- Science fiction horror done in an interesting way
- Explores the fragility and the persistence of the human will
- Movie isn’t quite what one would expect with science fiction horror
- Physics or dynamics of the phenomena not really explained in the movie, so audiences just have to accept everything as is
- A bit of a slow start
The Endless has an interesting take on the memory, time, and paranormal mystery that takes place in a remote community. Science fiction fans will enjoy the mystery explored in the film, and its exploration of psychological horror raises questions about the motivations of the force behind it all.
Brothers Aaron and Justin revisit the cult they grew up in and discover that their visit to Camp Arcadia is different from the memories they had of the place while growing up. They’re soon caught up in Camp Arcadia and have to learn its secret in order to survive and escape.
The two protagonists are brothers Aaron and Justin who were former members of a cult.
The movie takes place at Camp Arcadia, a commune located somewhere out in some desert.
The Endless Review
The plot and structure for The Endless was very well done, though I felt that the details and acting were both lacking at some points. The conclusion of the movie is satisfying, and it makes audiences question their own lives: the movie itself can be a metaphor for the monotony of life. People wake up, go to work, go home, and then go to sleep. The only brief reprieve, for some, occurs over the weekend, until the whole process repeats itself again. Some writers have portrayed this life as a kind of hell, though
There are some interesting scenes that immediately raise the interest and mystery of the film. The first scene that comes to mind is the tug of war. Other mysteries, like the photograph and the vague hints about the moon, all add to the mystery and intrigue of the plot and movie.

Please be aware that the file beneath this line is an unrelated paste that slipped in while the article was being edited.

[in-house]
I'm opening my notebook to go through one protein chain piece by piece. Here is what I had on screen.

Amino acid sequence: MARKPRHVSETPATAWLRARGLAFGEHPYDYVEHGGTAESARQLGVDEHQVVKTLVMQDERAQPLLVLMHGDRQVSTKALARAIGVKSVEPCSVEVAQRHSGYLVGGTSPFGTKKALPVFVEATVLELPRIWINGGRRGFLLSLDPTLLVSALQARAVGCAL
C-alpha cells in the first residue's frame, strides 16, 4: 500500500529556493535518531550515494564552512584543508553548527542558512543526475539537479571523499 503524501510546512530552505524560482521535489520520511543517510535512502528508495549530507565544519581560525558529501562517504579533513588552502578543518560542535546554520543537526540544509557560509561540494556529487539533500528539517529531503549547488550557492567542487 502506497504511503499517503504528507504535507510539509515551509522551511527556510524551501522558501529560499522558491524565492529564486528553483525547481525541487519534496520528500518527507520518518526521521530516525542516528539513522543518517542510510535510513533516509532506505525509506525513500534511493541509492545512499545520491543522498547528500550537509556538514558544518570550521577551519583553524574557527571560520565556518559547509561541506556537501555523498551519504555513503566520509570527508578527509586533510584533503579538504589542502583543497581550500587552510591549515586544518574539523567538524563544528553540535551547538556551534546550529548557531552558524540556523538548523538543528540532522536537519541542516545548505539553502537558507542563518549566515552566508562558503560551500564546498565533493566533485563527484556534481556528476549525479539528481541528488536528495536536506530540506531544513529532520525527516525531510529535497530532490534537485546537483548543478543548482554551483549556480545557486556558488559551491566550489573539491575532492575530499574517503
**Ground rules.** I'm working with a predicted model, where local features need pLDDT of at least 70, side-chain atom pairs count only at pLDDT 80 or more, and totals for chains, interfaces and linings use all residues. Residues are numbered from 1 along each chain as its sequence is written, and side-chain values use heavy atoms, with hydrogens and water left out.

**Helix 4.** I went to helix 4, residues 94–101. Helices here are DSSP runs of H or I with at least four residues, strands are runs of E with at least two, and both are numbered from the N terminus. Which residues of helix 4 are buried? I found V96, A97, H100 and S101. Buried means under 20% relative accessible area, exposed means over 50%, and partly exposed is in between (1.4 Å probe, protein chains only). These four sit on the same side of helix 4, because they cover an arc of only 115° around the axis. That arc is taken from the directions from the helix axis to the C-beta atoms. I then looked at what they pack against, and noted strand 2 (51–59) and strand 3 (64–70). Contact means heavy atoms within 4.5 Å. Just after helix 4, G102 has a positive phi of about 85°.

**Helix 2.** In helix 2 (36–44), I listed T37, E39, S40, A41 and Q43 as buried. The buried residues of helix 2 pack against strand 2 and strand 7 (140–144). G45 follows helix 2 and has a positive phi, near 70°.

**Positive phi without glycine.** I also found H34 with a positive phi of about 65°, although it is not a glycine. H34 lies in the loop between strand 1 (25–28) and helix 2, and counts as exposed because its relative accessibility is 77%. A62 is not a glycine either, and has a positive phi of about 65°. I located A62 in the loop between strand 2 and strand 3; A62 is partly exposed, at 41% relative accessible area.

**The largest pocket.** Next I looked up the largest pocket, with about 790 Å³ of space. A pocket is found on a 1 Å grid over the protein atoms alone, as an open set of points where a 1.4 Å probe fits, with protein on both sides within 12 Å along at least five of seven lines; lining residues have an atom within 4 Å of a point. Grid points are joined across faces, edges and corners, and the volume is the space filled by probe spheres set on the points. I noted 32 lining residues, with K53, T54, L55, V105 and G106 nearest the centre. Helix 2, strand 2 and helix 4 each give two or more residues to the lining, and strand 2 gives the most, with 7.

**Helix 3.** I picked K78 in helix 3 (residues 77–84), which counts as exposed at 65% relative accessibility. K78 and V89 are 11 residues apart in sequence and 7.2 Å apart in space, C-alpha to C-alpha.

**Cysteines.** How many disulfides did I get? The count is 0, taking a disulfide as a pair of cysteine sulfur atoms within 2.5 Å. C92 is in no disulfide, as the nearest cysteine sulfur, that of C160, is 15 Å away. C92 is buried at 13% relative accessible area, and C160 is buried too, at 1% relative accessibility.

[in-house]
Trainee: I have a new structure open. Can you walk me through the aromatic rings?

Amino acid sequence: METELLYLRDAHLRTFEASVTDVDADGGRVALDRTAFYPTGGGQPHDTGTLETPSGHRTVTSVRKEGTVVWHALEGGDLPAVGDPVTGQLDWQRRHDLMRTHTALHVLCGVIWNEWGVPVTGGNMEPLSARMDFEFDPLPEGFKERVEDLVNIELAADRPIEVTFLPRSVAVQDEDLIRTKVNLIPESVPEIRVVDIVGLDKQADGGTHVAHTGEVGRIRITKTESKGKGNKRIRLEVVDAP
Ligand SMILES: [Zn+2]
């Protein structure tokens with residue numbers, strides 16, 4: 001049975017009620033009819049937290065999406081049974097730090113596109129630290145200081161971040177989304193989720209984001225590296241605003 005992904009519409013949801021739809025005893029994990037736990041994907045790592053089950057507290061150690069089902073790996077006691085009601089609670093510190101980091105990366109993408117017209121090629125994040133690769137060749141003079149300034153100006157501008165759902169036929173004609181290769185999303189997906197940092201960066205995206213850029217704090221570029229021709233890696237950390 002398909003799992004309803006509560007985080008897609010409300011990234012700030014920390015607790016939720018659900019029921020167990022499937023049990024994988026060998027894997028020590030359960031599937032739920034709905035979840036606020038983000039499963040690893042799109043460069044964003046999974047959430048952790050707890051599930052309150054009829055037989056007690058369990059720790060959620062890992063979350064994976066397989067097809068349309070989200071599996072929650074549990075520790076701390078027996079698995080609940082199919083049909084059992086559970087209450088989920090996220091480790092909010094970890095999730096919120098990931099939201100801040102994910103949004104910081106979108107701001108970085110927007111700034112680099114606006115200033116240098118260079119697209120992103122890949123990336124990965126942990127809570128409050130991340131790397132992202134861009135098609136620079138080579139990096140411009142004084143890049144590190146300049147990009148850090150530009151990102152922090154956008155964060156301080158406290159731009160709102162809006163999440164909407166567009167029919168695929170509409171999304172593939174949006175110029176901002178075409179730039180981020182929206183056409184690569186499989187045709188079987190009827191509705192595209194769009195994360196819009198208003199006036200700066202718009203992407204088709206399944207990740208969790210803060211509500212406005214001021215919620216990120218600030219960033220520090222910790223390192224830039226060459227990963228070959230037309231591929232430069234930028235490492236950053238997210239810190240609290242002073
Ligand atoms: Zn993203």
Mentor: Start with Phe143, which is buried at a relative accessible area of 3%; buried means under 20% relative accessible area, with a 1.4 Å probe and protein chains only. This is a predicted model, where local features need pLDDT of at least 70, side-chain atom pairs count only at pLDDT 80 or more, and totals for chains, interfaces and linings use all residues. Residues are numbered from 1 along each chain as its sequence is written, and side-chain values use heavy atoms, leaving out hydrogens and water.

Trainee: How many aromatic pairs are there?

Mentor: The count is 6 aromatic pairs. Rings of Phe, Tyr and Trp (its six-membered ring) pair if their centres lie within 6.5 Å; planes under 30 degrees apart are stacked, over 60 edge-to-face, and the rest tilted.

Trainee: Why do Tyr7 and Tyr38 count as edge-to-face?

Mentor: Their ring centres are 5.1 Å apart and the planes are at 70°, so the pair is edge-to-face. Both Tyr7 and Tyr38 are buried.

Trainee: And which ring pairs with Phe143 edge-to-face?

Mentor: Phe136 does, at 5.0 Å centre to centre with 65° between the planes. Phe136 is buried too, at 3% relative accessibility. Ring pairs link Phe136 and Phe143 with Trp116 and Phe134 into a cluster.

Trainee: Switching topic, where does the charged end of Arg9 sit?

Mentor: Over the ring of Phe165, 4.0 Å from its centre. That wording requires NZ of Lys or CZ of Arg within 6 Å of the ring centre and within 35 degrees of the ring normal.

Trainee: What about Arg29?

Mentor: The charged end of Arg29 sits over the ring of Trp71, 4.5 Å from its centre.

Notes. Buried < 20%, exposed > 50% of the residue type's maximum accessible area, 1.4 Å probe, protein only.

Indeed, as the movie progresses, it captures attention, making audiences question what the heck is going on. One strange incident after another is revealed, and a pattern emerges that provides some clues.
The pacing of the movie feels a little slow, and there were moments in the beginning that I didn’t care much for. For instance, the brothers’ disenchantment with their lives isn’t particularly unique—so many people are unhappy and feel trapped in their lives. This theme is explored in various ways throughout the movie. Luckily, the film moves away from such banal examples.
My favorite aspect of The Endless would have to be the psychological exploration of the victims. We see how different people deal with the knowledge of their situation. There’s a kind of indifference revealed through the characters, but despite the seemingly hopeless situation, they still struggle. That they still fight back speaks more to the power of the human mind (though I wonder if a resignation would free them).
There isn’t much psychological horror when it comes to science fiction movies. Too many movies include superfluous action, graphics, or tangible monsters to convey terror. The Endless doesn’t go this route, opting for knowledge instead. While the ending is satisfying, it doesn’t quite answer the underlying question of, “What’s going on?” But I’m okay with that.